I think as someone else mentioned and I also remember reading, the fat comment was coupled by a more “public” shaming of her having to strip down in front of people. I feel like it’s connected for essentially the same reasons. Because it’s always about sexualizing women, her body wasn’t thin enough to be desirable and hence she was shamed. I also think that it has weighed (no pun intended) on her throughout the years.

  16. littlemissnaughty says:

    Uh, why doesn’t she invite these people to dinner? They would totally accept!

  17. FishBeard says:

    Honestly, I really don’t care what her thoughts or opinions are on Harvey. I care about what Lupita Nyongo’s are, among others who have much less power than Jennifer.

  18. Anna says:

    I like her and I think she gets way too much hate. She seems relatively smart, witty at least, and kind.

  19. Izzie the other says:

    I’m tired of hearing about her and the same 5 actresses in Hollywood. I have absolutely no interest in the Oscars or award season. These people, try as they might, are so out of touch. With everything that is going on in the world- and even in our own homes- do people really want the whole pomp of Oscar season? I know some people value “escapism” but I disagree. I want to see more actresses, who haven’t been given enough chances, have an opportunity to share their stories and get interviewed. I am so sick of her, and Chastain, Emma etc… I just cannot anymore.

    • Brian says:

      Come to any restaurant in West Hollywood if you want to hear those stories. Those are the people whose names you’d never know. A lot of my friends out here are actors , or rather aspiring actors. It’s a devilish game and some people abuse themselves and others just to get what they see as success. I could tell you stories….

  20. Pumpkin (formally soup, pie) says:

    A speech and throwing a glass of Martini to his face? Uno, he wouldn’t care, dos, that’s really unclassy and pathetic, tres, she’s be probably thrown in jail – that’s assault, right? That says a lot about HER.
    As for who she’d invite to dinner, that says a lot about HER too.

  21. JosieH says:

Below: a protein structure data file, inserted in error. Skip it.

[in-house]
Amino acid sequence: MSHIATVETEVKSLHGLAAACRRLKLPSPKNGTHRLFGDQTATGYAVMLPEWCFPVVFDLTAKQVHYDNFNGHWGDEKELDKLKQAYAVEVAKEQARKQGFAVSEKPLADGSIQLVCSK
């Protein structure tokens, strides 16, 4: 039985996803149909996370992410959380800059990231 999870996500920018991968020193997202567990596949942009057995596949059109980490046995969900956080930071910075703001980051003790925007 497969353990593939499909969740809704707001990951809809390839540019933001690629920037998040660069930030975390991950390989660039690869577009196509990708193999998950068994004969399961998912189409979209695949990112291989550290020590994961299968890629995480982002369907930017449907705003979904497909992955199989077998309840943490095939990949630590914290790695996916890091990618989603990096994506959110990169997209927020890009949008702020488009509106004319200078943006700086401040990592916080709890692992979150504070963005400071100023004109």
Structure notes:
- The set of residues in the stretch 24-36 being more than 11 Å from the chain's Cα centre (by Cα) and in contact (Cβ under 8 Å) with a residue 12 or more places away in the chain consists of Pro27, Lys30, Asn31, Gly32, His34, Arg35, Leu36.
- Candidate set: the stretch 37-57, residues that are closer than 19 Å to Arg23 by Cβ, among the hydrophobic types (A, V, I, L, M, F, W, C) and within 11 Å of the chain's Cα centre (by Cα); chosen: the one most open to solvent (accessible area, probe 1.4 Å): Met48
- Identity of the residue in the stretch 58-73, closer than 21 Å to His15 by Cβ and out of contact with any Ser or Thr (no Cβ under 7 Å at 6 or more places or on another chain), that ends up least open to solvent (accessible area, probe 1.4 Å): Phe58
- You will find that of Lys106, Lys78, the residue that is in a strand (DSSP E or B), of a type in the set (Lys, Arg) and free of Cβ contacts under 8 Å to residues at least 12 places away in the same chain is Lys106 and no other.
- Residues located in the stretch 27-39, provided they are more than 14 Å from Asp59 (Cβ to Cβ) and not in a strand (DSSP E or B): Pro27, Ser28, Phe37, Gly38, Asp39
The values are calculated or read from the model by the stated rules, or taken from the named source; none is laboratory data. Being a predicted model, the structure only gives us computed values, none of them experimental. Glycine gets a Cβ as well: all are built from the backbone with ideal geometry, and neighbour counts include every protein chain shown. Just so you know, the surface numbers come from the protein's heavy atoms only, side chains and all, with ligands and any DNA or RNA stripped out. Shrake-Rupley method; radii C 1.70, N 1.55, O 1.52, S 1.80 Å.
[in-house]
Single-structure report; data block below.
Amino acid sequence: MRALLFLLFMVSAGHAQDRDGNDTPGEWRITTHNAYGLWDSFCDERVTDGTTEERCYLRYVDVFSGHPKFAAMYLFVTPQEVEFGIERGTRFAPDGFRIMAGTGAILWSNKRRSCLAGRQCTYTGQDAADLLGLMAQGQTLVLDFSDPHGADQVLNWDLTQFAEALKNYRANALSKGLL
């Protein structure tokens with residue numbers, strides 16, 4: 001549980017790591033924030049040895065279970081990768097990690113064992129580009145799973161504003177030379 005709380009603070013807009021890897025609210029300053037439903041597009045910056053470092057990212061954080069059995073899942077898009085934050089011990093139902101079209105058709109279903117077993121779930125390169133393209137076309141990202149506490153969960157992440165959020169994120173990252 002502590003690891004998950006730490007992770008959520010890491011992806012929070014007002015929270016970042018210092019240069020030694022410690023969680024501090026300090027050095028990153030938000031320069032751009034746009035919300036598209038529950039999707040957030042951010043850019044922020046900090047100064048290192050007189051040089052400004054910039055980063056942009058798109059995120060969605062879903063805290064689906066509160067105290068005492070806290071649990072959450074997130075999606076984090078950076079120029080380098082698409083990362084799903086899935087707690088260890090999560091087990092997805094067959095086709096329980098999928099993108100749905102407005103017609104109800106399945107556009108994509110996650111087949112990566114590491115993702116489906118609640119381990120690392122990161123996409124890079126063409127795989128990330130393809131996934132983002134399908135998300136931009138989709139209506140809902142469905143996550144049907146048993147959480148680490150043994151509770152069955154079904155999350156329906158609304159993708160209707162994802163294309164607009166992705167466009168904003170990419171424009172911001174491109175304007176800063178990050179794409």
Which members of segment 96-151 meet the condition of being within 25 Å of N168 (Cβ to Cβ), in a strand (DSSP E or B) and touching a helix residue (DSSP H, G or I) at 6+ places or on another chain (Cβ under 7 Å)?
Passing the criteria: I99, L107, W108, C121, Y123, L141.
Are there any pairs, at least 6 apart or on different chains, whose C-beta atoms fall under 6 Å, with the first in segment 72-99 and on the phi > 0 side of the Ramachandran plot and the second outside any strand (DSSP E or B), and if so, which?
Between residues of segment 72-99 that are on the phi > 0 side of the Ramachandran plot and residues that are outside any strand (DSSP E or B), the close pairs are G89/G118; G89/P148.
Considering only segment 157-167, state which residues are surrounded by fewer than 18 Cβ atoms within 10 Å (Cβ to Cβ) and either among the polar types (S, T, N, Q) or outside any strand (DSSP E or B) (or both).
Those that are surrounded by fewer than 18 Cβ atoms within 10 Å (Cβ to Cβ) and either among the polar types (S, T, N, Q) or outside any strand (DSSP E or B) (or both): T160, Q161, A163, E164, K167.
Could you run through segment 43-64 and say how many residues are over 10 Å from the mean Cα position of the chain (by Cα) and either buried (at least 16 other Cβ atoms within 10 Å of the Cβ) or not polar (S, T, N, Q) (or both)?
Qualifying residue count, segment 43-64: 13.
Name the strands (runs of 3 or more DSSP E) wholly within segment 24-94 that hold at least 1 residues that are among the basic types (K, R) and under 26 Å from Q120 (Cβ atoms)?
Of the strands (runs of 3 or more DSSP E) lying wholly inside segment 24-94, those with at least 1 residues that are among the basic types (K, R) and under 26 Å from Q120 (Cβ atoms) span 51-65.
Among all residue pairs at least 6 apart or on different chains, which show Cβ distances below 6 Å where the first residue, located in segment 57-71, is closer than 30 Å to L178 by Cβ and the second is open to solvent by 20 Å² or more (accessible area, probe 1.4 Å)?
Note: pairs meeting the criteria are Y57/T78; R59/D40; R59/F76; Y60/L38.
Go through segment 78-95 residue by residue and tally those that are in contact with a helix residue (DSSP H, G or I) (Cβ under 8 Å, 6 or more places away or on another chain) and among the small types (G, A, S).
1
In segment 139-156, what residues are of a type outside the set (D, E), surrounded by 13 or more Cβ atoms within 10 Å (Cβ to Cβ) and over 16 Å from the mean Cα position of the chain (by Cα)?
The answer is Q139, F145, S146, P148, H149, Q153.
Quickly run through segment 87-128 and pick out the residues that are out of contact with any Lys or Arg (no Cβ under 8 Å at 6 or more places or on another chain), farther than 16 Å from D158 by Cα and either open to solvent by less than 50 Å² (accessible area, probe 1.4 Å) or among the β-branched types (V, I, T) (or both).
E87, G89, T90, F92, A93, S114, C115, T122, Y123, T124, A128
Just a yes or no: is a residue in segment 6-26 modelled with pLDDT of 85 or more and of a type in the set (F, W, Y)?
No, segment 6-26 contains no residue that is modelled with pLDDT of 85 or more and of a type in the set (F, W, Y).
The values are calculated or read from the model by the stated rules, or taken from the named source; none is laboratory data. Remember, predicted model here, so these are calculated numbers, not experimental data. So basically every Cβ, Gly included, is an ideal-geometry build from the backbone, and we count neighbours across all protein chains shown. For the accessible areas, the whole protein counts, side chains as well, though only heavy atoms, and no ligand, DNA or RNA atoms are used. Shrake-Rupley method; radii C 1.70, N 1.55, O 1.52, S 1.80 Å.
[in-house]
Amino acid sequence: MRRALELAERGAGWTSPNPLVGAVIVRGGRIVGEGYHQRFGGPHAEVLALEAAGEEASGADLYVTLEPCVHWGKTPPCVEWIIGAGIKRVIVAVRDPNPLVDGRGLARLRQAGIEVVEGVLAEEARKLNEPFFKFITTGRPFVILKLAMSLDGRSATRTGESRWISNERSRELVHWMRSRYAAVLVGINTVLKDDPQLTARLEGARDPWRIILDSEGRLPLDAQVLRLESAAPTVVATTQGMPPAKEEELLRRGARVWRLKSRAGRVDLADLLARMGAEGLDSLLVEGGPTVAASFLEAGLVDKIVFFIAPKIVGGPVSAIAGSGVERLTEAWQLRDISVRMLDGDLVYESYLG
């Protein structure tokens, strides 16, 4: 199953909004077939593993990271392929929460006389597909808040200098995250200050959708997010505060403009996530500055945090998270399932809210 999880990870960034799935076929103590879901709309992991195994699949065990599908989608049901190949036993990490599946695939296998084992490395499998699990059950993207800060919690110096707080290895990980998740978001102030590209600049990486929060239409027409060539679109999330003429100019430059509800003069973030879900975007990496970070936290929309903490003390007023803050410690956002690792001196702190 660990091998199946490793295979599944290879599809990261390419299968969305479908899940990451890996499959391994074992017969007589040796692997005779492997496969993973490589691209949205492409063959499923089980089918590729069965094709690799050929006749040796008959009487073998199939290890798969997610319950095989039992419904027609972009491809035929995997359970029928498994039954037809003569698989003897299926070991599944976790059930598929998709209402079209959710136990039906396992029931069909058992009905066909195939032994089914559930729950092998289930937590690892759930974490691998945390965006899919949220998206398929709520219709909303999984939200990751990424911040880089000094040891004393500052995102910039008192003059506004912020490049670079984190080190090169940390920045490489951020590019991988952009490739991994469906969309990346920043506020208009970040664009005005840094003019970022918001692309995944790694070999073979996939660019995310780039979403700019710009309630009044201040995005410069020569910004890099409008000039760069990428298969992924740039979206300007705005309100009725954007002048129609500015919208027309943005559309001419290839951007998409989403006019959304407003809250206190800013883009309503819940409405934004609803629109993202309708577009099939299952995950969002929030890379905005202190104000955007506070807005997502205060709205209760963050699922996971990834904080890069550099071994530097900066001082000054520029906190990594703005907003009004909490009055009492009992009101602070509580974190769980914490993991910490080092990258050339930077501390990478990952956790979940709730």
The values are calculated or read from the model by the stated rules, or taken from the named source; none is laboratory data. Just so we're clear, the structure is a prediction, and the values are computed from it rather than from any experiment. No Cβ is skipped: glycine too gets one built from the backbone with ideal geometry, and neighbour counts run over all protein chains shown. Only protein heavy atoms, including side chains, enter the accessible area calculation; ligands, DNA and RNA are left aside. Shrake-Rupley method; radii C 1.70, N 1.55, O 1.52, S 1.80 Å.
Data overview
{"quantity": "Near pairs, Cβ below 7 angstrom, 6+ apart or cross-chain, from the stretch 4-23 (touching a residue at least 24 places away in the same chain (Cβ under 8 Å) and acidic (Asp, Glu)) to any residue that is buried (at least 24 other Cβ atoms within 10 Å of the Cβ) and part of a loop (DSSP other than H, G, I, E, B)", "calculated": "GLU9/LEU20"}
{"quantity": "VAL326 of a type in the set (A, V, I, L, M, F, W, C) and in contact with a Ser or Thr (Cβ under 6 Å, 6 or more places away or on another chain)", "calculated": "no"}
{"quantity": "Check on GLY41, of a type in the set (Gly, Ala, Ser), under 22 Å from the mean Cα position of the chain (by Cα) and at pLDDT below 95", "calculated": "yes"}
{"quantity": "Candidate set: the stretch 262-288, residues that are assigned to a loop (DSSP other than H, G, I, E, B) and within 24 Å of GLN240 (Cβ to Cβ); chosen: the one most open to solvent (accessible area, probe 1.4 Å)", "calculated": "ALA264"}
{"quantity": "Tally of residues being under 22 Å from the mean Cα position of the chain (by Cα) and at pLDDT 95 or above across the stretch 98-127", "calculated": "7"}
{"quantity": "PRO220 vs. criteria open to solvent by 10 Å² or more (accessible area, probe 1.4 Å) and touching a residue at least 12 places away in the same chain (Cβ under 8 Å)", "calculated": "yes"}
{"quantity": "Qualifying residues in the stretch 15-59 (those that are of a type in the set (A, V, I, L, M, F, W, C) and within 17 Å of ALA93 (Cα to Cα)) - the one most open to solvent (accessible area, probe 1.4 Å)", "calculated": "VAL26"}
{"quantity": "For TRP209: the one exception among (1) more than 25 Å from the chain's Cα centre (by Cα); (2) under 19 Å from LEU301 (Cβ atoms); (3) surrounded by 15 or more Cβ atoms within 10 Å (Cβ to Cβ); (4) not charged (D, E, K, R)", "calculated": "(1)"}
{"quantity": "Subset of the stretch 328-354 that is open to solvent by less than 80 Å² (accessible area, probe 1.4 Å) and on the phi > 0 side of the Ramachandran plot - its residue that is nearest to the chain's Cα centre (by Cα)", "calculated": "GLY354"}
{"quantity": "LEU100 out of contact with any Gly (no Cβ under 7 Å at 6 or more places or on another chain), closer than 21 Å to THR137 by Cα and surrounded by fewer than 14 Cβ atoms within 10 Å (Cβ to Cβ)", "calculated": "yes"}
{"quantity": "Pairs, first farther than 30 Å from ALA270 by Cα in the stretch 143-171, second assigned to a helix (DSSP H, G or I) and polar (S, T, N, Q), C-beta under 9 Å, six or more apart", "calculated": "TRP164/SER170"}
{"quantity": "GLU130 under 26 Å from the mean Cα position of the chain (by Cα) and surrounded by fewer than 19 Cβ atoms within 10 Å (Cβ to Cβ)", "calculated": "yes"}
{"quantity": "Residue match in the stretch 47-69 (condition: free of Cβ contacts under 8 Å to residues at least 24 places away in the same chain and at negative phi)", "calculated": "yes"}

As long as she continues to talk about David O. Russell like he’s Zeus, her words on abuse will always ring hollow. She’s like Lena Dunham – she’s willing to give a pass to her pals.

  22. MrsPanda says:

    I like this interview with her and what she says makes sense to me. Her example about the public shaming (being fat-shamed whilst naked in front of producers etc) reminded me of a story Portia De Rossi told in her book. Portia was only a 12 year old model and was asked to drop her pants in front of a panel (and again, a woman commented on her ”saggy butt”). I think that industry is so toxic and both women and men are emotionally abusive in it. Jennifer is just regaling a story true to her life, it’s certainly not at ”Weinstein/rape” level but it still speaks to the toxicity of the industry and the power imbalance (she was probably a minor also when it happened, as she started acting pretty young). For Portia that one experience triggered her decade-long struggle with anorexia. She had some other traumas in her life and was only 12, but emotional abuse is also very damaging to young people – especially the vulnerable ones. And emotional abuse can really set you up for other forms of abuse. The commission Jennifer describes is not a bad idea! At least it would be a start.

  23. Happy21 says:

    I read this entire interview on my commute yesterday and I laughed out loud a number of times. I really do think that JLaw is exactly how she acts. I think that she is entirely what you see is what you get and I find that refreshing. Personally, I find her smart, witty, funny as hell and a sweet person. Do I think though that she’s the greatest actress of her generation or whether she should have received the Oscars for the movies she did, not especially (the Winter’s Bone nomination was 100% legit, she was fantastic in that) but that’s okay. It’s nice to have someone so refreshing sometimes.

  24. Savasana Lotus says:

    This woman is very young and has much to learn. She’s a mess.

  25. African Sun says:

    She looks really gorgeous.

    Does she still have her Dior contract? Because that cover shot looks very Dior-y

  26. moo says:

    Horrible picture…. her face looks completely numb. Other than that….

  27. FF says:

    lol, The Oprah interview is a thing: it’s Oprah ffs. Pretty sure people remember the 90s.

  28. hmmmm says:

    “She apparently thinks a lot about forming a commission full of A-listers, and young actors can basically go to the commission of A-listers and tell them when they’re being abused by a producer or director or whomever, and the A-Lister Commission will take care of it.”

    The problem is that lots of the abusers are those A-listers.

  29. Electric Tuba says:

    I just finished watching the movie mother. I came directly back to this article after watching it.
    Upon finishing that fart fest film my opinion stands as this: Anyone involved in the making of mother in any way shape or form should never work again. Ever. It was that bad.
    I’ve watched the original The Hills Have Eyes, Pootie Tang, every American Horror Story including the hotel series that prominently featured an eyebrow less Lady Gaga and I witnessed a real life kidnapping and none of those things ever made me feel like curing the ensuing stress headache by driving a screwdriver through my temple as much as the movie mother did. That is all.